Crime and Punishment in Herodotus’ Histories (Jonathan Joyner)

Imagine a world filled with death, disaster, and drama. In our modern day, this is an appalling thought, but at one point in history, it was commonplace. It is impossible to deny that it did not happen, yet mankind tries to forget it as a barbaric remnant of the past. Every generation encounters this when they read about times of war. Because of our modern conveniences though, people try to remove themselves from the horror and tragedy of these times by labelling them as primitive. All it takes is one look at the celebrated series Game of Thrones and it is clear to see that human beings have the same obsessions with sex, violence, and conflict as they did thousands of years ago. In fact, the ancient world is filled with accounts of extreme violence and retribution, but in many cases it is seen as mindless and irrational. The danger in this account of ancient humans is our inability to see ourselves in them. These people may have lived differently than most today, but they were driven by the same emotions that fuel our interest in Game of Thrones. This can be no better illustrated than in the ancient writer Herodotus. One of the seminal historians of the ancient world, Herodotus describes countless incidents of punishment and revenge in his Histories. These incidents always draw attention for their harsh execution and violence, but are often seen as distinct situations from a completely different world. Upon closer review however, one can see a pattern in Herodotus’ accounts of punishment and revenge that extends through to the modern day. All of them are motivated by loyalty towards three major concepts: leaders, gods, or homelands.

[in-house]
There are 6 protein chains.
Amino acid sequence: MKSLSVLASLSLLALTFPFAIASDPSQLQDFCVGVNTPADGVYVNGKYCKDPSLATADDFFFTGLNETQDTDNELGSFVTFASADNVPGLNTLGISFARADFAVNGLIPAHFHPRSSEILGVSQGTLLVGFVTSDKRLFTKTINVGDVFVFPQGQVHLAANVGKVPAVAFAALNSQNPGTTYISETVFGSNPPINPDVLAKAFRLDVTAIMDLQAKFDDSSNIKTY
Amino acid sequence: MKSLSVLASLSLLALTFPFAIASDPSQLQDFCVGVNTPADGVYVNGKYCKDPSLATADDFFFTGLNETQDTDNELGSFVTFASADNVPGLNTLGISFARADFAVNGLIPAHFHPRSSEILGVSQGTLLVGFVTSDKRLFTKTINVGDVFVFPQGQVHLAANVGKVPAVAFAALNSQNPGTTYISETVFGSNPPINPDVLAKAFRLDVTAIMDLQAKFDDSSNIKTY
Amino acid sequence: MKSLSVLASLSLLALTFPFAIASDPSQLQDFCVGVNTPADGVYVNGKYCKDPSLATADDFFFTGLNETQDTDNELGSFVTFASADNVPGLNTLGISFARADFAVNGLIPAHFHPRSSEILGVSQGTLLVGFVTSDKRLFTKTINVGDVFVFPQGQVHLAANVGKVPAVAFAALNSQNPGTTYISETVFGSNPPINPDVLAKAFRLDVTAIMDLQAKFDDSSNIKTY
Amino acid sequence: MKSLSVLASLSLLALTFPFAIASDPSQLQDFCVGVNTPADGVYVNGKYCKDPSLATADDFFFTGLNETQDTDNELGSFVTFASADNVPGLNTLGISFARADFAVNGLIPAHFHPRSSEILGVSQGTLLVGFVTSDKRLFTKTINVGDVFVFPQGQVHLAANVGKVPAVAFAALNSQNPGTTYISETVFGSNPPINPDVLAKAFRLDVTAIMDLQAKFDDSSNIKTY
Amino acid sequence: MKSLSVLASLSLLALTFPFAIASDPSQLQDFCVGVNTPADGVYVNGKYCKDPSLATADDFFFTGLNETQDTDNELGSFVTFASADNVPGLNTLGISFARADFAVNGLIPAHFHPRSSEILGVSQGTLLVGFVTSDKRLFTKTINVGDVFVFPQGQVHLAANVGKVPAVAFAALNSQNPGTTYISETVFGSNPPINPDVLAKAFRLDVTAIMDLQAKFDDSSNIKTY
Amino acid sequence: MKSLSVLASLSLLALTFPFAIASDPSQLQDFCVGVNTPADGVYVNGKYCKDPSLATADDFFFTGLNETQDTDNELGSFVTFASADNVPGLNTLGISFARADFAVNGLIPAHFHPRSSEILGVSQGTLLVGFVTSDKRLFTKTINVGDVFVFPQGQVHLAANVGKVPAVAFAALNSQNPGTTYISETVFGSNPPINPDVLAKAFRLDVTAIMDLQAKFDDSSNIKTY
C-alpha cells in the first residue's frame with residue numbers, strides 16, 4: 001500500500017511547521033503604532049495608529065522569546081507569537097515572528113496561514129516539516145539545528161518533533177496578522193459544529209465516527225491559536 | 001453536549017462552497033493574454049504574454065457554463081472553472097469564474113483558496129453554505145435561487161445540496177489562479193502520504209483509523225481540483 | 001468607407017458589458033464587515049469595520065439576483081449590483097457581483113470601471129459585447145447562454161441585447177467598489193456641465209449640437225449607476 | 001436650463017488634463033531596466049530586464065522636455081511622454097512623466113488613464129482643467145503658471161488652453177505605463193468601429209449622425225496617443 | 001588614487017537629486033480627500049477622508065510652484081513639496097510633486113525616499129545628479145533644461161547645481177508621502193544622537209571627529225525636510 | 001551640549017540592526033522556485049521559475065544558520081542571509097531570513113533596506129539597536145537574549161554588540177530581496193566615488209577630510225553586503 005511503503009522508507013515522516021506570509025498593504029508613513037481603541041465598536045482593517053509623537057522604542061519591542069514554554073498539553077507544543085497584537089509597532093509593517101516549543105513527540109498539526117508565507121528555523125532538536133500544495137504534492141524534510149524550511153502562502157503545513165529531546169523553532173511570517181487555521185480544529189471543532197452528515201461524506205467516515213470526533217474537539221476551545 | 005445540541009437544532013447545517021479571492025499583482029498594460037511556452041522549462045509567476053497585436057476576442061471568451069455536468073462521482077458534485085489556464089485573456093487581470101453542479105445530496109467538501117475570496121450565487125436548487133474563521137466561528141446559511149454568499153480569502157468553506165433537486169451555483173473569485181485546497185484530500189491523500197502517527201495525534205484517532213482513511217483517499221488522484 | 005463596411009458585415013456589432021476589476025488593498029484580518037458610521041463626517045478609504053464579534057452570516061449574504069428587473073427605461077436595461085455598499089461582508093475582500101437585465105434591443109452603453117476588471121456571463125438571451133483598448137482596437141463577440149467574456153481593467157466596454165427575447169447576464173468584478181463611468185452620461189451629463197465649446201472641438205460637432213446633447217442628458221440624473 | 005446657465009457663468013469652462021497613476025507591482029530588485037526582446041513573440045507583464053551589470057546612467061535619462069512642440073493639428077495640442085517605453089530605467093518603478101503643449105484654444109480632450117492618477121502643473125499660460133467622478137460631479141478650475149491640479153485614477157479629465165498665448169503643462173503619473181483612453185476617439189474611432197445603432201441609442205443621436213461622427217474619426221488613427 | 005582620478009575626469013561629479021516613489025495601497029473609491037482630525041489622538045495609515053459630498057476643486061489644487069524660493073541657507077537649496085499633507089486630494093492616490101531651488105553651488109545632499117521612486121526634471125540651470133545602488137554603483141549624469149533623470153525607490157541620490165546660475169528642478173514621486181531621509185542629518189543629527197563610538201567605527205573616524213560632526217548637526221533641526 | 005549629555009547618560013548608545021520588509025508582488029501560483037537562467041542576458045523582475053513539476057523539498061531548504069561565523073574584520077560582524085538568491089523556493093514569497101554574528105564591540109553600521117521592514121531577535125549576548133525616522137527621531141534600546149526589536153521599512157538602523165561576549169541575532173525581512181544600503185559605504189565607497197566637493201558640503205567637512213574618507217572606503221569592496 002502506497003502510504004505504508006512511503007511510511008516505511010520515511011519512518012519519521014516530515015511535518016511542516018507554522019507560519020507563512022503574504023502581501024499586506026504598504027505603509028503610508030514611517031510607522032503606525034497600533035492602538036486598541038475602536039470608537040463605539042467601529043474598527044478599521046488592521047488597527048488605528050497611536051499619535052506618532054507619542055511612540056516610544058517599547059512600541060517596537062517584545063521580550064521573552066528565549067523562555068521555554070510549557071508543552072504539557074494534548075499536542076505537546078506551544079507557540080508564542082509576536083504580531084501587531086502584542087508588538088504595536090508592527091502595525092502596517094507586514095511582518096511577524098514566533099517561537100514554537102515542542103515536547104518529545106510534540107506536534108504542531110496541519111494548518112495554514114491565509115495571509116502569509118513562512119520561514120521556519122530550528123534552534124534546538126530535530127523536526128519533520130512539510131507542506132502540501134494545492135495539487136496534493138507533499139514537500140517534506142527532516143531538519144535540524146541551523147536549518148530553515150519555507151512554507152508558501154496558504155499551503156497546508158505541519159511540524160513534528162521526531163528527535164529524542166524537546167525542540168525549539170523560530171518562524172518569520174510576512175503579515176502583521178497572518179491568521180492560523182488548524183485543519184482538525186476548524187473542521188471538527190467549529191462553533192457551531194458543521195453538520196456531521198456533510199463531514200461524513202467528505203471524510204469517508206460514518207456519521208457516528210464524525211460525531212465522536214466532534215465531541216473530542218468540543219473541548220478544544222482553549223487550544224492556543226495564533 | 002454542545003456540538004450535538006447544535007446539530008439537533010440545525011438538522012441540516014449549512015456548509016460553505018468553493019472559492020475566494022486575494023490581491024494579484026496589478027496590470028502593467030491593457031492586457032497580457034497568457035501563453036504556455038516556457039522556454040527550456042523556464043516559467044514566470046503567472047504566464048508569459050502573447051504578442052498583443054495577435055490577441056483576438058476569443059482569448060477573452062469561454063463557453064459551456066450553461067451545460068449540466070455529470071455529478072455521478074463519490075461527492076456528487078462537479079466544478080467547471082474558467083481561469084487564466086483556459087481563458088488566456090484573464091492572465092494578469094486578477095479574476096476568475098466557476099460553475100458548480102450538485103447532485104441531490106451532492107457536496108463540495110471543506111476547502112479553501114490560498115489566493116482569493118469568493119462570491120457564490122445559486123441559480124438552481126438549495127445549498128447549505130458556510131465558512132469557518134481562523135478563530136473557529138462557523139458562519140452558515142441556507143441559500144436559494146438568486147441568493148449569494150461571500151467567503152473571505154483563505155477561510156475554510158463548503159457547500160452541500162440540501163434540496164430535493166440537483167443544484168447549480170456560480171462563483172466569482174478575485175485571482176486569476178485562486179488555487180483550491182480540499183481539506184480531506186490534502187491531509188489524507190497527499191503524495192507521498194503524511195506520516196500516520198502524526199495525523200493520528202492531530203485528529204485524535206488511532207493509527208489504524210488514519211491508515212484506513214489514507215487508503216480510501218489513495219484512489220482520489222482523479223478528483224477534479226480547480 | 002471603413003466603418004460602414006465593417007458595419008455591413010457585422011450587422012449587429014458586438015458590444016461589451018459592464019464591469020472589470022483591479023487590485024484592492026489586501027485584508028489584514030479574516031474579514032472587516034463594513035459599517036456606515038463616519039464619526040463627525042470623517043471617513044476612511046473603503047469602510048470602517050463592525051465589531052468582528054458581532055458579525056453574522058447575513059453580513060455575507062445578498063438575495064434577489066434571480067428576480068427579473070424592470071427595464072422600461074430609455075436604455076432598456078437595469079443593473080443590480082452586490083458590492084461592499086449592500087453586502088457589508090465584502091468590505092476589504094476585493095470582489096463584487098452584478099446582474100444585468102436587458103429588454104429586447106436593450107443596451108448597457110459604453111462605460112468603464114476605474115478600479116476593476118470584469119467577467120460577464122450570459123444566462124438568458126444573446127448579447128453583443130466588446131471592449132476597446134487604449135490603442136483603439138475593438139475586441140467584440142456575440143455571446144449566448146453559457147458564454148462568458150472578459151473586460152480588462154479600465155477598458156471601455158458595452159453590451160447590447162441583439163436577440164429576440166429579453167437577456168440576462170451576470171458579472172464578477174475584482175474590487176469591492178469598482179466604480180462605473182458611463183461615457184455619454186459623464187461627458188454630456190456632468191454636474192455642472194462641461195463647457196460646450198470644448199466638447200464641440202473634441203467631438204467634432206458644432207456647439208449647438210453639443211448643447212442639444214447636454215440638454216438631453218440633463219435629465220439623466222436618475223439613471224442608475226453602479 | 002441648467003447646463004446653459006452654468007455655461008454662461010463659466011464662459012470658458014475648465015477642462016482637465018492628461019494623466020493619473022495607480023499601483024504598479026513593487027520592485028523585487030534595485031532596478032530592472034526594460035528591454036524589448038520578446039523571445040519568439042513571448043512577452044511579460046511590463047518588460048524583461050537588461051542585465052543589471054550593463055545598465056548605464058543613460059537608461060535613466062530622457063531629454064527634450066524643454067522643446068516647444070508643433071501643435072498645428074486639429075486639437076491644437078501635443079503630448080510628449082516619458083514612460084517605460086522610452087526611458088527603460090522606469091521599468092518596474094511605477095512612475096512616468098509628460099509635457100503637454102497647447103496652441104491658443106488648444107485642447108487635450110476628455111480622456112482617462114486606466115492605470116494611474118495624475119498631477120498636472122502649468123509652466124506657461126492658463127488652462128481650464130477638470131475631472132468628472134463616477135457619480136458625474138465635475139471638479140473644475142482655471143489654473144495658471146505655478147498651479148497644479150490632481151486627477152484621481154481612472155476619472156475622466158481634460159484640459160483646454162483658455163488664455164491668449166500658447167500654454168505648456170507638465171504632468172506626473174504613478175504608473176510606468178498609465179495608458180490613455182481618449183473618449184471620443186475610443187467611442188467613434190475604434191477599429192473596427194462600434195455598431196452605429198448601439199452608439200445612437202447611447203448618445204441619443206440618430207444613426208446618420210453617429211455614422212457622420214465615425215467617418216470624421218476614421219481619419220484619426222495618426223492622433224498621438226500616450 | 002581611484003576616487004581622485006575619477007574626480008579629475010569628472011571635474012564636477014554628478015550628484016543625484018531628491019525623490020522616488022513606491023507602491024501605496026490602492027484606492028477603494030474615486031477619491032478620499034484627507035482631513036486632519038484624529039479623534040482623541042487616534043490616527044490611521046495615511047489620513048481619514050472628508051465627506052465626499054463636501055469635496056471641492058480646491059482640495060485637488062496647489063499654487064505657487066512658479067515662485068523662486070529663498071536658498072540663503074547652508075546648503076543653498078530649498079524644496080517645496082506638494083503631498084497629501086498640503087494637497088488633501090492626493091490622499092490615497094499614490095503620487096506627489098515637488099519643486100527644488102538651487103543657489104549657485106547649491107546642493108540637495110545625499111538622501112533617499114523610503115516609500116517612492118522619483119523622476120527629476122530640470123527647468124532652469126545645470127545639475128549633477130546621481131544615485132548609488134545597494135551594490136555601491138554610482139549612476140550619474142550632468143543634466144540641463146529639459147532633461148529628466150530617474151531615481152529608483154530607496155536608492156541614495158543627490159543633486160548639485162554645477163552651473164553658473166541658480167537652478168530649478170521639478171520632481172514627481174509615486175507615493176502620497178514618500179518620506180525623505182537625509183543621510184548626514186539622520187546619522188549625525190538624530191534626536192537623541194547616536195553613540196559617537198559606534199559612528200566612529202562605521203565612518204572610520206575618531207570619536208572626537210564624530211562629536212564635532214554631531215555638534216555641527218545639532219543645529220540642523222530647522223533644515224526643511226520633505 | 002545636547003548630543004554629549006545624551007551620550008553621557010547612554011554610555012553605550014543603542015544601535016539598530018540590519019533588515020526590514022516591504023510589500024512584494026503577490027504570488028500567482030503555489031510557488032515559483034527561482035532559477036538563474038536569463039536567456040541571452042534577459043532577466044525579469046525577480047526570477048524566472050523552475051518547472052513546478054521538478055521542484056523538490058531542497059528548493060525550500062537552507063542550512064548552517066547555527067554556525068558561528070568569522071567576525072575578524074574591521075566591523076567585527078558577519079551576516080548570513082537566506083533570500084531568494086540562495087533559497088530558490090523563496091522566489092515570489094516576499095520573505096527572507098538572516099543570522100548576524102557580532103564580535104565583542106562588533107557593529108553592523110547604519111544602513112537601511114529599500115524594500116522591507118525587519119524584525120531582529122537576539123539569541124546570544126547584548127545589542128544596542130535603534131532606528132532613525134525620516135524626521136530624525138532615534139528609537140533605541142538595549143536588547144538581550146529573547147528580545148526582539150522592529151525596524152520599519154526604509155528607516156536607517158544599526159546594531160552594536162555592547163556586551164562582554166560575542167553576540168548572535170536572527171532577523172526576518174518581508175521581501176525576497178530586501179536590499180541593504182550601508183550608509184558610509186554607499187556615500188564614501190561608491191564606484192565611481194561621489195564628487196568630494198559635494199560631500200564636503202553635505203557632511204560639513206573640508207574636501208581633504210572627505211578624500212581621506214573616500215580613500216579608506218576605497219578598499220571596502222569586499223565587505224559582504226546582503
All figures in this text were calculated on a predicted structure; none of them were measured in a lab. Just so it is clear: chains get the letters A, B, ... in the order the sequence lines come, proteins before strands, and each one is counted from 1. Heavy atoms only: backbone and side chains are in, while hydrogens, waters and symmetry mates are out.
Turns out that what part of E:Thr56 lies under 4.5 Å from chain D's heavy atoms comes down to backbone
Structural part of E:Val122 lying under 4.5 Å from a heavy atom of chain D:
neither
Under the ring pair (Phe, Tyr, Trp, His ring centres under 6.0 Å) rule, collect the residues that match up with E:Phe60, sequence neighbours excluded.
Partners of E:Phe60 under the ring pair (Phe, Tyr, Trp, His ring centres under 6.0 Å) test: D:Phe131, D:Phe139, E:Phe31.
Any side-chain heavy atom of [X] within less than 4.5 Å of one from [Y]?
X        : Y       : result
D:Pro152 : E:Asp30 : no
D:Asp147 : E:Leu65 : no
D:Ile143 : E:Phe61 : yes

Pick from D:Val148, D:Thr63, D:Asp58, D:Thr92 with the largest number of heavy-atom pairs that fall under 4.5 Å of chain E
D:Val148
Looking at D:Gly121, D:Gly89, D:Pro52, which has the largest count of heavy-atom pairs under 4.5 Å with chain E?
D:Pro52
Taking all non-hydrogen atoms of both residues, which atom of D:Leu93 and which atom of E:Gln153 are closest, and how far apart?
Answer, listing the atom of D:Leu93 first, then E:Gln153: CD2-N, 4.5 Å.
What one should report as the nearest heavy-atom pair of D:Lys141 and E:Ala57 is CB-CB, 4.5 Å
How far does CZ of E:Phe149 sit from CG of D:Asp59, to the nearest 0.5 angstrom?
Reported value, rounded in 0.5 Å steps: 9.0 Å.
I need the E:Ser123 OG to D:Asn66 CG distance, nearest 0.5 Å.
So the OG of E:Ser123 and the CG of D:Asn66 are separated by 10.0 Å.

This innate, human loyalty drives conflict in ancient times and today because it forms the basis for relationships and identity. While conflicts of allegiance and trust can range from a personal dispute to a war, in Herodotus’ Histories, there are examples of both and everything in between. Many of these arise in books seven, eight, and nine, detailing the events of Persian king Xerxes’ invasion of modern day Greece. Throughout this chronicle, Herodotus specifically paints the picture of loyalty as different between Persia and the Hellenic states. In almost all incidents of Persian punishment and revenge, loyalty and allegiance lies with leaders like Xerxes or his primary general Mardonias. On the other hand, most Greek accounts of punishment or revenge lie in loyalty to their defense of the Hellenic or Ionian city states (Greek regions). This becomes an important determinant to why Xerxes failed in his invasion.

Xerxes placed importance on loyalty to himself as a leader. He often let the poor judgment of those only giving admiration and praise distract him while ignoring constructive criticism. This blind and egotistical regard for utmost loyalty is demonstrated in his inconsistent response to his followers. In preparing for his invasion, he ignored the wise discretion of his advisor Artabanos (7.10-7.11) who reminded him of humility to the gods and strategic issues he would confront with his invasion. Next, he ignored the advice given by his ally, Spartan king Demaratos, who warned him of Sparta’s legendary warriors and trashed Demaratos’ plan to stage his army in Cythera for an attack on mainland Greece. (7.3, 7.234-7.237) Finally, he sought a reason to abandon his expedition, by taking the advice of his general Artemisia who told him to flee (8.102). This constant favor for praise over prudence led Xerxes to failure, but not before he punished others along the way.